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After 38 years off the grid, the world’s largest bee is back in the light

It is said that bees provide every third bite of food in the human diet.

A popular quote attributed to Albert Einstein states: “If the bee disappeared off the surface of the globe then man would only have four years of life left. No more bees, no more pollination, no more plants, no more animals, no more man.”

The honey bee plays a vital role in the survival of humans.

There are about 20,000 species of bees present in the world. Most people only know about the fuzzy bumble bee, the honey foraging honey bee or even the scary stinging wasp (not in the bee family).

It’s hard to keep up with one type of bee species let alone 20,000, yet much to scientists’ surprise, the world’s largest bee, thought to have been extinct for almost 40 years, was suddenly found alive and well in Indonesia in late February.

This newly found bee, called Wallace’s giant bee, is four times larger than the average European honey bee. It measures up to 1.5 inches long and even has a pair of huge mandibles, or “pinchers,” like that of a stag beetle.

Unlike other bees, the Wallace’s giant bee uses its mandibles and burrows within termite nests to raise their young.

“It’s a type of carpenter bee,” explained ORU’s very own Entomologist, Dr. Hal Reed. “It’s a solitary bee. Solitary bees will make a series of individual nests and put their larva in it. Many might be in the termite mound but they’re not cooperating in a social sense. They’re not like our social bees,  the honey bees or the bumble bees.”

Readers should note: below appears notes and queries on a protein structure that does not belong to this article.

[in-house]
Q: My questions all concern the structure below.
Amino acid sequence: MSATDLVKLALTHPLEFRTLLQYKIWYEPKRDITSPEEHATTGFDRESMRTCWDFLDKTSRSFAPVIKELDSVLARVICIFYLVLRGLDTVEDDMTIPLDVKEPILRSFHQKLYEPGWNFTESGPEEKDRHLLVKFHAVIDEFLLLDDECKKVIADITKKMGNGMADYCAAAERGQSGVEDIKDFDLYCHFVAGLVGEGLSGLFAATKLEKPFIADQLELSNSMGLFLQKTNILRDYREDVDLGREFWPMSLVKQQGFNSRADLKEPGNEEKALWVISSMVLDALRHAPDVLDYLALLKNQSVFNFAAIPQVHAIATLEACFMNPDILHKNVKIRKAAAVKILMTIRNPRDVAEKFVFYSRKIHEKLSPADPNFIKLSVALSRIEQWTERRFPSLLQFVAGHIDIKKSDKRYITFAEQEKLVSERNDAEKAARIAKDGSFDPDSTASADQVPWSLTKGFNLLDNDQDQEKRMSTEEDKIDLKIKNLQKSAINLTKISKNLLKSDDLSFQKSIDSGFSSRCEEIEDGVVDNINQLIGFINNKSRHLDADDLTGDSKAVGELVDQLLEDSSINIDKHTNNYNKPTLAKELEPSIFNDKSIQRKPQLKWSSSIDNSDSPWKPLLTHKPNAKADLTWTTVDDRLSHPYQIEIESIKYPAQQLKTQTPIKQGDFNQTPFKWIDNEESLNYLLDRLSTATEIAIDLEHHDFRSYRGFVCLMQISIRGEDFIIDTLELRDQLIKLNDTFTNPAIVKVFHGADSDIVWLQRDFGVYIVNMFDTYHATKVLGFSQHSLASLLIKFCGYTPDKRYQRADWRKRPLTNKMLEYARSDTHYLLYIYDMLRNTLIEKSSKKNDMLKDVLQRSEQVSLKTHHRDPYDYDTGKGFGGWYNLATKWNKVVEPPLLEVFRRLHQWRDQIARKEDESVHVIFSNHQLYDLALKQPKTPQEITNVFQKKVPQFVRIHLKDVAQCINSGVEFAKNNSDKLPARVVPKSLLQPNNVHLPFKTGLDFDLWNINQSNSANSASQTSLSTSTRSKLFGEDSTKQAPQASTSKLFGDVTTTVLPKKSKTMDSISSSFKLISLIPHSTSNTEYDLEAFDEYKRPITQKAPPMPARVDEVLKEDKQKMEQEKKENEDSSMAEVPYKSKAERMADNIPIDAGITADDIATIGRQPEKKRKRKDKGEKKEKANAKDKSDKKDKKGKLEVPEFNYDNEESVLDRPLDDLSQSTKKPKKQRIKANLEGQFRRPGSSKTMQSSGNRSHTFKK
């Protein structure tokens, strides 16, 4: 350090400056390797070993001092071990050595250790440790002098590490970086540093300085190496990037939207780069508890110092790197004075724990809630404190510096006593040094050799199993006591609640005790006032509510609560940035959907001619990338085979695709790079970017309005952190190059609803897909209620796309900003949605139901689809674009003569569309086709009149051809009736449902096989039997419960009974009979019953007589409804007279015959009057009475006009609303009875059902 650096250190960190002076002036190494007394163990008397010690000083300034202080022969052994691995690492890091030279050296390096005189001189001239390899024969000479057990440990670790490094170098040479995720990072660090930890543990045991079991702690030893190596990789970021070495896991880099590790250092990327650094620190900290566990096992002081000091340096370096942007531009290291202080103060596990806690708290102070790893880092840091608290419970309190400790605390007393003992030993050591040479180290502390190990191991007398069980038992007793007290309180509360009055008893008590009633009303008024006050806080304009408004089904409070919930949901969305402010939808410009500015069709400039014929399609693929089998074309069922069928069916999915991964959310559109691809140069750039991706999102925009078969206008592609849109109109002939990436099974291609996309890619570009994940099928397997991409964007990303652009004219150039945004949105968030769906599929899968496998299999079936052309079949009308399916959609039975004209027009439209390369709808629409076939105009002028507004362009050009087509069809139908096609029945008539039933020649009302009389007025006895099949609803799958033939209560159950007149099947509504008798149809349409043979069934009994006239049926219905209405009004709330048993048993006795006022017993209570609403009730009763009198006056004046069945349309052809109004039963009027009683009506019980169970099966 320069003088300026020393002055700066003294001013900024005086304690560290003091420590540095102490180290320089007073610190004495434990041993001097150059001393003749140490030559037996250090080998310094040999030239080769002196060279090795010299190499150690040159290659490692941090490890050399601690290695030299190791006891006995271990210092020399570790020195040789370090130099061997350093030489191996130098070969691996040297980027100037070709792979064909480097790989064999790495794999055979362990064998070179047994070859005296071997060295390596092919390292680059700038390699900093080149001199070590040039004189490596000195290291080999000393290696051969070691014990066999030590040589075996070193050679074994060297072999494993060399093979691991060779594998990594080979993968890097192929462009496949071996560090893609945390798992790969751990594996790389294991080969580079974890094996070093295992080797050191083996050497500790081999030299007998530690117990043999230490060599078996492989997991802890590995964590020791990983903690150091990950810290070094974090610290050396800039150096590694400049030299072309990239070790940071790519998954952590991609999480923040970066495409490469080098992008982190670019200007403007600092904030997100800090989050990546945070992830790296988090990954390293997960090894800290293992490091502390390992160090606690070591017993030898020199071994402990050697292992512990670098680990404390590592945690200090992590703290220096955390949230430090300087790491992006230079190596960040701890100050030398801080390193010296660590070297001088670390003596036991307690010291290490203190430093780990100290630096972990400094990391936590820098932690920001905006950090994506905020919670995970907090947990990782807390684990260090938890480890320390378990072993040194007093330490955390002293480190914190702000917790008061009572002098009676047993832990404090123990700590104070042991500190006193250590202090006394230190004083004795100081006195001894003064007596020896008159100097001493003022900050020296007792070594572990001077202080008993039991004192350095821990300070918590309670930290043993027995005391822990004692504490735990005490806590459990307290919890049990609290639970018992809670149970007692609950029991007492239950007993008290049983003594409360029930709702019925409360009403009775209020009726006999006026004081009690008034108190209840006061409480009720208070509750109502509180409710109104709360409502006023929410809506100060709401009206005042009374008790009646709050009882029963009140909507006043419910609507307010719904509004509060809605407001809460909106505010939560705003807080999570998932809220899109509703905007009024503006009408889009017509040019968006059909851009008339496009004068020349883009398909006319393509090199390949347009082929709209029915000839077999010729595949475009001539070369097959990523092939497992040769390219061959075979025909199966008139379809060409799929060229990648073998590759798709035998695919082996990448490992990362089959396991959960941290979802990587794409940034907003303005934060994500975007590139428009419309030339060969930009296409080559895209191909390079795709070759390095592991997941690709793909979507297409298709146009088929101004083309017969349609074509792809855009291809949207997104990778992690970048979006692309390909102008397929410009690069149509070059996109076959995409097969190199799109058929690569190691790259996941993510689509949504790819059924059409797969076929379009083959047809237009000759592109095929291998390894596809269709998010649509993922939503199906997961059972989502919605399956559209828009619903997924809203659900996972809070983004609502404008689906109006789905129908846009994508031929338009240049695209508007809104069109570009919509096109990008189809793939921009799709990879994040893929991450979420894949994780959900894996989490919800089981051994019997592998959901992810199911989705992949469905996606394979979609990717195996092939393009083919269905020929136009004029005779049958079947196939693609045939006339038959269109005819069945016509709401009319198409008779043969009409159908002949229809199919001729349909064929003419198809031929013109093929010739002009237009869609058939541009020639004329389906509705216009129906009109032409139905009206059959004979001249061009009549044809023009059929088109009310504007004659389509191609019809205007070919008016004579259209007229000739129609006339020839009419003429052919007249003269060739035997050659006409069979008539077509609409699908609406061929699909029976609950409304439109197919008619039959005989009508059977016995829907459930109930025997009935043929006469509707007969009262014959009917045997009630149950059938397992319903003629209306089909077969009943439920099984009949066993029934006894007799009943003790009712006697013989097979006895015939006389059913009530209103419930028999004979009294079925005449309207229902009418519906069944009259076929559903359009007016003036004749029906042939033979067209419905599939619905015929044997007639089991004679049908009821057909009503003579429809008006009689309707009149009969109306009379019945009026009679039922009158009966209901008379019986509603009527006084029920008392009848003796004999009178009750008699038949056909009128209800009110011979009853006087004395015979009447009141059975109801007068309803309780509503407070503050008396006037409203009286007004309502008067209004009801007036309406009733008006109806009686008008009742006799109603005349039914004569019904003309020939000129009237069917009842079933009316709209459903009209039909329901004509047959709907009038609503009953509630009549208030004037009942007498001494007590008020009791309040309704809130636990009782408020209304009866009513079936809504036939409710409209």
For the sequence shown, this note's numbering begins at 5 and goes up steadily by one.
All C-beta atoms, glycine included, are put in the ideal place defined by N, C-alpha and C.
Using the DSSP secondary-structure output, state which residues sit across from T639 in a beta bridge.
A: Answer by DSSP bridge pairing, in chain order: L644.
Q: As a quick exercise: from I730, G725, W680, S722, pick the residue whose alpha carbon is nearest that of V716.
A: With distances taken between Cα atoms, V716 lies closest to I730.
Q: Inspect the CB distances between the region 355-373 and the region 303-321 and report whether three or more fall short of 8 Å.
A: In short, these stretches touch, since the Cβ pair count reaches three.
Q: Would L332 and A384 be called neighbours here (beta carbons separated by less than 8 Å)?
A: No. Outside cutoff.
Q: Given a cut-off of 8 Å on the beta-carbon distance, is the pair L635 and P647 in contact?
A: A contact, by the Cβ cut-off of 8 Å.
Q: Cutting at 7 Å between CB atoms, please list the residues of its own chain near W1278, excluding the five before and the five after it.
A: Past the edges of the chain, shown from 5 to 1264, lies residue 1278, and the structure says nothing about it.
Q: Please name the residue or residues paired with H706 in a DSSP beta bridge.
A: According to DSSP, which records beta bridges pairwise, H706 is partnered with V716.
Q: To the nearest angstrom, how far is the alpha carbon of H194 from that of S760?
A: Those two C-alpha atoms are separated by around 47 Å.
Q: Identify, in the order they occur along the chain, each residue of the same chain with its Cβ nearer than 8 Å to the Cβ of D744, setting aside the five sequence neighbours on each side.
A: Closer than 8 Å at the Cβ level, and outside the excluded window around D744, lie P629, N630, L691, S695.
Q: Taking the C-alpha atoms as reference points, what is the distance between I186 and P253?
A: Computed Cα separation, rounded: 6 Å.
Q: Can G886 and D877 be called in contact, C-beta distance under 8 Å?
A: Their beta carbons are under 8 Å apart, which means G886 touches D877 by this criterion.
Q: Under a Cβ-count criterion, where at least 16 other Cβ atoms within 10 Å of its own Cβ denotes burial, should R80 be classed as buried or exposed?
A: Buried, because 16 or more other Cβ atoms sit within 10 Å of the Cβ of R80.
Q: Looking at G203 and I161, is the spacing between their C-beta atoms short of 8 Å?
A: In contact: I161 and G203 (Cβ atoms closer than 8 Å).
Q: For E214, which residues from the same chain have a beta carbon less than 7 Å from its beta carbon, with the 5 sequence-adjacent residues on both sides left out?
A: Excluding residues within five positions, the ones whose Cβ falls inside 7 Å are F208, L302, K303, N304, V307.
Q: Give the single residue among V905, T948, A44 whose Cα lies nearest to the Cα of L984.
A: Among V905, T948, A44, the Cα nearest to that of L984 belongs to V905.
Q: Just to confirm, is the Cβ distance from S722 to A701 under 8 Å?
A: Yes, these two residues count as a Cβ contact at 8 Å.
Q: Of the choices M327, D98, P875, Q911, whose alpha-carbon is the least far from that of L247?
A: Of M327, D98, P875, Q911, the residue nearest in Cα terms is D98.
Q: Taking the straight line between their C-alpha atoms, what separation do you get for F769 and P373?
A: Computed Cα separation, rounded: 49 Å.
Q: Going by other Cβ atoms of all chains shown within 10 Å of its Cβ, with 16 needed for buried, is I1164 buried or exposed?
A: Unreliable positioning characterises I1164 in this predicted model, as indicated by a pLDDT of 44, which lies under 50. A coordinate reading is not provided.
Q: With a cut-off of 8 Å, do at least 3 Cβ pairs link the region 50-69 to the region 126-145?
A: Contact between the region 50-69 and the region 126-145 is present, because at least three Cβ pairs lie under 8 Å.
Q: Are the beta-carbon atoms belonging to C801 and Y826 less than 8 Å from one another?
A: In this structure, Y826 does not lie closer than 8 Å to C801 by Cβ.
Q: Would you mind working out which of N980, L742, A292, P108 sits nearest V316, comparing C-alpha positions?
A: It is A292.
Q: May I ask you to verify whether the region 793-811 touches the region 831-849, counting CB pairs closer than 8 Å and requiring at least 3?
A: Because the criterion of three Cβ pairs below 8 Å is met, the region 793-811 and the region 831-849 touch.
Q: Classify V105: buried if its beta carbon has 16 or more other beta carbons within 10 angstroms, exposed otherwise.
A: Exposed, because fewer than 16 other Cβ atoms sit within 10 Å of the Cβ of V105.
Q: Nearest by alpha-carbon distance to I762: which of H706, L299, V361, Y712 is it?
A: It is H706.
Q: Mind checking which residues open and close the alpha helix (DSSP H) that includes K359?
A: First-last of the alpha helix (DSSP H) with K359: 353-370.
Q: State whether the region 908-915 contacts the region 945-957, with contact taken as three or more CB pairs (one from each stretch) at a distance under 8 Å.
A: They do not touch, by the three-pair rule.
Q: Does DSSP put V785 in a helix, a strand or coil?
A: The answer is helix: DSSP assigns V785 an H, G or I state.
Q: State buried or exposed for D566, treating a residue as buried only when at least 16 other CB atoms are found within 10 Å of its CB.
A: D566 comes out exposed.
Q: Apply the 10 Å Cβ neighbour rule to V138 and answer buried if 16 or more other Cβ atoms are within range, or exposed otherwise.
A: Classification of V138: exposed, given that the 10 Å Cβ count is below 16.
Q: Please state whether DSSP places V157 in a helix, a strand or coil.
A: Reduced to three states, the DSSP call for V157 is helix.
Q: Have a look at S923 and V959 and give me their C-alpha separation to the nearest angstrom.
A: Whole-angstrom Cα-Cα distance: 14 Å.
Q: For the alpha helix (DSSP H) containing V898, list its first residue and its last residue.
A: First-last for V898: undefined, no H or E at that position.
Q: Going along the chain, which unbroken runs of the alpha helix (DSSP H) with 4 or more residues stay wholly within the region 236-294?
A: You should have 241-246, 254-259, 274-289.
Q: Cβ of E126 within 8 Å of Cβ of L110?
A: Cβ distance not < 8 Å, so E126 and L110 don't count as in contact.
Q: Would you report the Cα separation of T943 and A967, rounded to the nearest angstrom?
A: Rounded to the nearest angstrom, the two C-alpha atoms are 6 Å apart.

The Wallace’s giant bee was originally discovered in 1858, then disappeared for over a century until it was found again in 1981.

After being put on the Global Wildlife Conservation’s Search for Lost Species program, people have been keeping a special lookout for this giant bee. On a recent expedition in the northern islands of Indonesia, a special team of four found the lost bee.

“It was absolutely breathtaking to see this flying bulldog of an insect that we weren’t sure existed anymore,” said Clay Bolt, a natural history photographer who specializes in bees.

So if you ever get the chance to face a Wallace’s giant bee, ask it, “Ya like jazz?”

Photo courtesy of Clay Bolt